Though it succeeded in confusing almost my entire English class, I really enjoyed Aldous Huxley's use of juxtaposition in Brave New World. I've never experienced anything quite like it before, and it opened a door to so much reflection for me, not to mention inspiration. I thought it was definitely worth mentioning if only because of how unusual and just... cool it is.
In Chapter III of Brave New World, Huxley intertwines four narratives:
1. Mustapha Mond lecturing a group of students at the Hatching and Conditioning Centre,
2. Lenina and Fanny having a gossipy conversation,
3. Bernard Marx overhearing a conversation in the men's room, and
4. A loop tape which is played while children sleep to brainwash them.
While these narratives interrupt each other only infrequently to begin with, as the chapter goes on, they begin to jut in every couple of sentences or so, until each sentence is a separate narrative. Practically everyone in my English class managed to get confused, but for someone who actually reads more than one book a year, this chapter was exciting. These narratives, which were seemingly unrelated, when cut and pasted together in this format, juxtaposed, you can see the links that Huxley was encouraging us to make. It was like swapping attention mid conversation to another discussion on the other side of the room, only to realise that they are talking about the same thing.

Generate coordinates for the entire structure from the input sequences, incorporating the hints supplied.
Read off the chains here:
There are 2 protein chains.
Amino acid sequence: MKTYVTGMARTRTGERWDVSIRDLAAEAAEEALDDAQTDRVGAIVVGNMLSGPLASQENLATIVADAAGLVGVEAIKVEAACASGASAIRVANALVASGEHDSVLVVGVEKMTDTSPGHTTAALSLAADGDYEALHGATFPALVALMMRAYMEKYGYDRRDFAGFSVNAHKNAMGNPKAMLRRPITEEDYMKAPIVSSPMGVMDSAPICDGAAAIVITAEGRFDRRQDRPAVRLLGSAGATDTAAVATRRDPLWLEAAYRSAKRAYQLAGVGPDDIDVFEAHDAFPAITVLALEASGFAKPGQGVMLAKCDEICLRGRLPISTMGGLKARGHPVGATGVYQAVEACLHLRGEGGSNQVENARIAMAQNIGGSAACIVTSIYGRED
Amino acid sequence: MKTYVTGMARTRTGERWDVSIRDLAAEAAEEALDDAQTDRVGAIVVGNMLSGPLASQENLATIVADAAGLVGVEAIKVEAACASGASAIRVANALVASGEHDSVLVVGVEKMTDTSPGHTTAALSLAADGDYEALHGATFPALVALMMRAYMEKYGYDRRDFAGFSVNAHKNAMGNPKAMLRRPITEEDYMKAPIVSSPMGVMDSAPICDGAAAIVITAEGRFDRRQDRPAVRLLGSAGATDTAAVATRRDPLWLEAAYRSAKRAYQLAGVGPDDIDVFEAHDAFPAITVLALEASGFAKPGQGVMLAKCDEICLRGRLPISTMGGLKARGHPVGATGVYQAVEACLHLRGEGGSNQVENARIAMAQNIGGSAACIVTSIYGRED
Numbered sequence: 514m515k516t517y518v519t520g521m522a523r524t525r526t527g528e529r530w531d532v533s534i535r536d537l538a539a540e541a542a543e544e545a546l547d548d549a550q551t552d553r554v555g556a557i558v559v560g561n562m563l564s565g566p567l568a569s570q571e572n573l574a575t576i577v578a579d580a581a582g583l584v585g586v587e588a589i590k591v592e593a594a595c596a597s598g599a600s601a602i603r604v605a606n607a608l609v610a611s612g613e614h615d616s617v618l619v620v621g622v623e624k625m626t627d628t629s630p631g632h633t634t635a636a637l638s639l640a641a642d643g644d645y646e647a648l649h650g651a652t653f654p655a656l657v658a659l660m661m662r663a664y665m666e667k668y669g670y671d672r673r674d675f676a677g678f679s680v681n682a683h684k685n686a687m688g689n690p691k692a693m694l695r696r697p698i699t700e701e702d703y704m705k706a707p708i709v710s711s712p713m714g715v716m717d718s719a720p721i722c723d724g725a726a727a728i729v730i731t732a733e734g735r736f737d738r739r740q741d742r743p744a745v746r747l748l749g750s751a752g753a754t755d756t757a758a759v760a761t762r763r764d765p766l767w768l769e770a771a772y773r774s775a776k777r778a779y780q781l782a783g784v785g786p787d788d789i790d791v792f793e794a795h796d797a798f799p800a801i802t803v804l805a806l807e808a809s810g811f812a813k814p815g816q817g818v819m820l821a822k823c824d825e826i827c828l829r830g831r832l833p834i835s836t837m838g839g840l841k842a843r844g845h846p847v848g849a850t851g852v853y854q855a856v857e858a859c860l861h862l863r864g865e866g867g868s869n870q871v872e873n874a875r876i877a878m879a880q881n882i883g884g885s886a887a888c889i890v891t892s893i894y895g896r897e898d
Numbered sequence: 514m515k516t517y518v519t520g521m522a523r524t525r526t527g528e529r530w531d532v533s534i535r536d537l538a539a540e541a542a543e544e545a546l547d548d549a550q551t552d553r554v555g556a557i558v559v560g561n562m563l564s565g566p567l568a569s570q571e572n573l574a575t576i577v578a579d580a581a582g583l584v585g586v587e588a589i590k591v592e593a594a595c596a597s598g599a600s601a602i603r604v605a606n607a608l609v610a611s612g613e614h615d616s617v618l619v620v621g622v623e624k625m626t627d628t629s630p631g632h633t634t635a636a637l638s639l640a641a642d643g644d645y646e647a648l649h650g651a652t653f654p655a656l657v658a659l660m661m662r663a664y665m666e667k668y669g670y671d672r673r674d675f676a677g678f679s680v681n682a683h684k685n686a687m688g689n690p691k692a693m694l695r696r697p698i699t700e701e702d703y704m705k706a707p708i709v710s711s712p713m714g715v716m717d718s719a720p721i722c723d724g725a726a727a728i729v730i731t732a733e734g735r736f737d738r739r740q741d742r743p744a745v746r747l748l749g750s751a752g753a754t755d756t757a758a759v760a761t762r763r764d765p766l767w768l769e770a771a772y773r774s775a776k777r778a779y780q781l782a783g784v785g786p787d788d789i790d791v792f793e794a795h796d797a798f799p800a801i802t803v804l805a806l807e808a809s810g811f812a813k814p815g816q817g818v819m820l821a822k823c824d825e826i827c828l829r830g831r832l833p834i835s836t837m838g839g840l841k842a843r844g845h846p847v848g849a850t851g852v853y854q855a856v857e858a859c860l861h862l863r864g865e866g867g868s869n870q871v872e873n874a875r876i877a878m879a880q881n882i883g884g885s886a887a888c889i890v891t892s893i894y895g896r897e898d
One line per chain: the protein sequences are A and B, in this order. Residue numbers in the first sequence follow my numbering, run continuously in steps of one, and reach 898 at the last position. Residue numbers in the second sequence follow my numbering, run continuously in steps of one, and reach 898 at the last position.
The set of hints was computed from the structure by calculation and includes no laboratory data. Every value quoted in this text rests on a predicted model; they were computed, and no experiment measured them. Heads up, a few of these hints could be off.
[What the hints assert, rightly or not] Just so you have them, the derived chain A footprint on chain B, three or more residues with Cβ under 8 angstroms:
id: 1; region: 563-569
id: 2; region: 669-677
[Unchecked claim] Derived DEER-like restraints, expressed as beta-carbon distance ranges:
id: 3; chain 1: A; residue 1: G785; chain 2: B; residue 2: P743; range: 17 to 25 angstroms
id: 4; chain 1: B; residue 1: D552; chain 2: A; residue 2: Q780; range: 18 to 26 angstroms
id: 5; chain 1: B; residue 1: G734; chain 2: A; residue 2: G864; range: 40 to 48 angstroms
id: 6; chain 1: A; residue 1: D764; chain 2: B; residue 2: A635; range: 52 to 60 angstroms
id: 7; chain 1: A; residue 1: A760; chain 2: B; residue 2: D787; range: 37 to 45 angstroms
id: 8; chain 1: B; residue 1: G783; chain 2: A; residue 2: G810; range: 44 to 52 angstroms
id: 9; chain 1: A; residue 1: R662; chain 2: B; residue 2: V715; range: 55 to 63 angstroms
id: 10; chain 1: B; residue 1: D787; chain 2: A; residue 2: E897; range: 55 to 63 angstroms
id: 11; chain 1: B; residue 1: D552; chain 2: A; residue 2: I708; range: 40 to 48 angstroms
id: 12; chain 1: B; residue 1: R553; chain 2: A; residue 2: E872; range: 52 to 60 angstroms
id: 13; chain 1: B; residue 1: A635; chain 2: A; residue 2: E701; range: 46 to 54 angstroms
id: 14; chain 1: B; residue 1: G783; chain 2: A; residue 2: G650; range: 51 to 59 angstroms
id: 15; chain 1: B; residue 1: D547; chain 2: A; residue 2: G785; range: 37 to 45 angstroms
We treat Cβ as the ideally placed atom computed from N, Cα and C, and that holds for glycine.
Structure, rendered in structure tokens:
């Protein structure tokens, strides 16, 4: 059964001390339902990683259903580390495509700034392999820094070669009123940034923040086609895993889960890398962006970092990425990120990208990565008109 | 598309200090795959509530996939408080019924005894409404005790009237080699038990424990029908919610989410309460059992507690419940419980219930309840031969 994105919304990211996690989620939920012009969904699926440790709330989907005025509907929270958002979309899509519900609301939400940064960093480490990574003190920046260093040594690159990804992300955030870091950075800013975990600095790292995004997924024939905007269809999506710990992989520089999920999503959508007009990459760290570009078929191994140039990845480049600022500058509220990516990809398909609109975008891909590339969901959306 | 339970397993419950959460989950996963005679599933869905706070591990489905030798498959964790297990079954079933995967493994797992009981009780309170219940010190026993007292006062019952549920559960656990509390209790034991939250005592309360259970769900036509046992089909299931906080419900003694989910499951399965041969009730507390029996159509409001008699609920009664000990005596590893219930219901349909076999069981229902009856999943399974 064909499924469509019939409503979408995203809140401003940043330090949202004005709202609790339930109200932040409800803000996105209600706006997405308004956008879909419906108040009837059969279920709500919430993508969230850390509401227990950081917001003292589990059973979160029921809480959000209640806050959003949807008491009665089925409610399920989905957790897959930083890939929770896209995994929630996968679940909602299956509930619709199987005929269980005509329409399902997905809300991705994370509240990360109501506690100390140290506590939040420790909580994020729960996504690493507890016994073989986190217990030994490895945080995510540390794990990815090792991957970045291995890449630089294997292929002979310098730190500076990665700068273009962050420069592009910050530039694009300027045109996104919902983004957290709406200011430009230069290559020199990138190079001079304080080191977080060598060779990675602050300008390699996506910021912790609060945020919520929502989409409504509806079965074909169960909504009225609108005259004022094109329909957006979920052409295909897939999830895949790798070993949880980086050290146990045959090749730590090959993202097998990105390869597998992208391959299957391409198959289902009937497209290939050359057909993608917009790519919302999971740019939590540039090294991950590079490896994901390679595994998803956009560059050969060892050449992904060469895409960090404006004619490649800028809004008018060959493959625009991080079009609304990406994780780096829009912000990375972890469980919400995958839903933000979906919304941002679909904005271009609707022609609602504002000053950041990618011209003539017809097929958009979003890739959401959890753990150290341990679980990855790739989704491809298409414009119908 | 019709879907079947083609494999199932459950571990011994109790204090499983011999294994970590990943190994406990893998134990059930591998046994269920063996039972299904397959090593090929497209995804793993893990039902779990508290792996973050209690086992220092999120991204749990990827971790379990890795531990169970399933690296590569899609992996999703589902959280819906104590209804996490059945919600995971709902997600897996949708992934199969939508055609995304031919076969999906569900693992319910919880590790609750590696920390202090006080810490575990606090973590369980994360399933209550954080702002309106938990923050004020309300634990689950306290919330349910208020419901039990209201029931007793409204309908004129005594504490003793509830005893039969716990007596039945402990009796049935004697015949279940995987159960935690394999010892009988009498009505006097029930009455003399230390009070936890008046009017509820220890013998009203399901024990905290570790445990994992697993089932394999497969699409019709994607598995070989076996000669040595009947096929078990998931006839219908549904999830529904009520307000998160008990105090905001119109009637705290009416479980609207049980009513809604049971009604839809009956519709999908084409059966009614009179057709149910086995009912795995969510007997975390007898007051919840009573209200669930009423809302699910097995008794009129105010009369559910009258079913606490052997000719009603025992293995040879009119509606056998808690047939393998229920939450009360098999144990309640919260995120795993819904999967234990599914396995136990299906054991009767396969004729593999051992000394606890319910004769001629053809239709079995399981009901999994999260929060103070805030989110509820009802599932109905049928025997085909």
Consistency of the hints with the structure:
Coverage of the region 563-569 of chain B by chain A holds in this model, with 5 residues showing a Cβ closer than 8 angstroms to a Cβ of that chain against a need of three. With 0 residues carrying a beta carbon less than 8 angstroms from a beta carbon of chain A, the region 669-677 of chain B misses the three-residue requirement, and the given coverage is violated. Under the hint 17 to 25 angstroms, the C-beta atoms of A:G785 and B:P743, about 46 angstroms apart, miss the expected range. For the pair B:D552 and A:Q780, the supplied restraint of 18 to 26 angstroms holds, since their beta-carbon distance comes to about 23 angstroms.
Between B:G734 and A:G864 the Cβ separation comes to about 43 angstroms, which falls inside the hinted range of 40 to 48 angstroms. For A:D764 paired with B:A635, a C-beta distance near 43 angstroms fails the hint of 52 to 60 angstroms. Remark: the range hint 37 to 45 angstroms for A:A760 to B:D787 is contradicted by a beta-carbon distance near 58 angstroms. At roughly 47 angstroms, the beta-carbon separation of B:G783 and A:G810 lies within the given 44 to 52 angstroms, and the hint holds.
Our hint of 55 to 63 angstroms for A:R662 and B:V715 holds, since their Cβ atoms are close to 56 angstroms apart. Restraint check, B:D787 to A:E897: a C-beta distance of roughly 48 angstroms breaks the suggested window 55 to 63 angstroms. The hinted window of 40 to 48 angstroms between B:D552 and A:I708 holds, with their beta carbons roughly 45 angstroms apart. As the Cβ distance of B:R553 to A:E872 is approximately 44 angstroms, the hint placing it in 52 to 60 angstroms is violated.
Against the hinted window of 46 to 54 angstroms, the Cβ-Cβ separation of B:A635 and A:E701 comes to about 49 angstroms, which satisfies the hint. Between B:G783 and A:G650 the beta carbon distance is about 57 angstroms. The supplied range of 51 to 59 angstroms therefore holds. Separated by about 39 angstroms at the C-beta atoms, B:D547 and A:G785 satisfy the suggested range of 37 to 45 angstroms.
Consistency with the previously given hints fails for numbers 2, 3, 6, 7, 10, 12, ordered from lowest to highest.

I have decided to use the same technique in my narrative intervention for the exam. Having never had the opportunity to juggle juxtaposition like this before, I am excited by the possibilities it offers me to emphasise my point. I will probably end up sharing the finished story with you, but if you were interested in reading the chapter and experiencing the effect of juxtaposition for yourself, you can find it here: http://www.huxley.net/bnw/three.html. It really it worthwhile!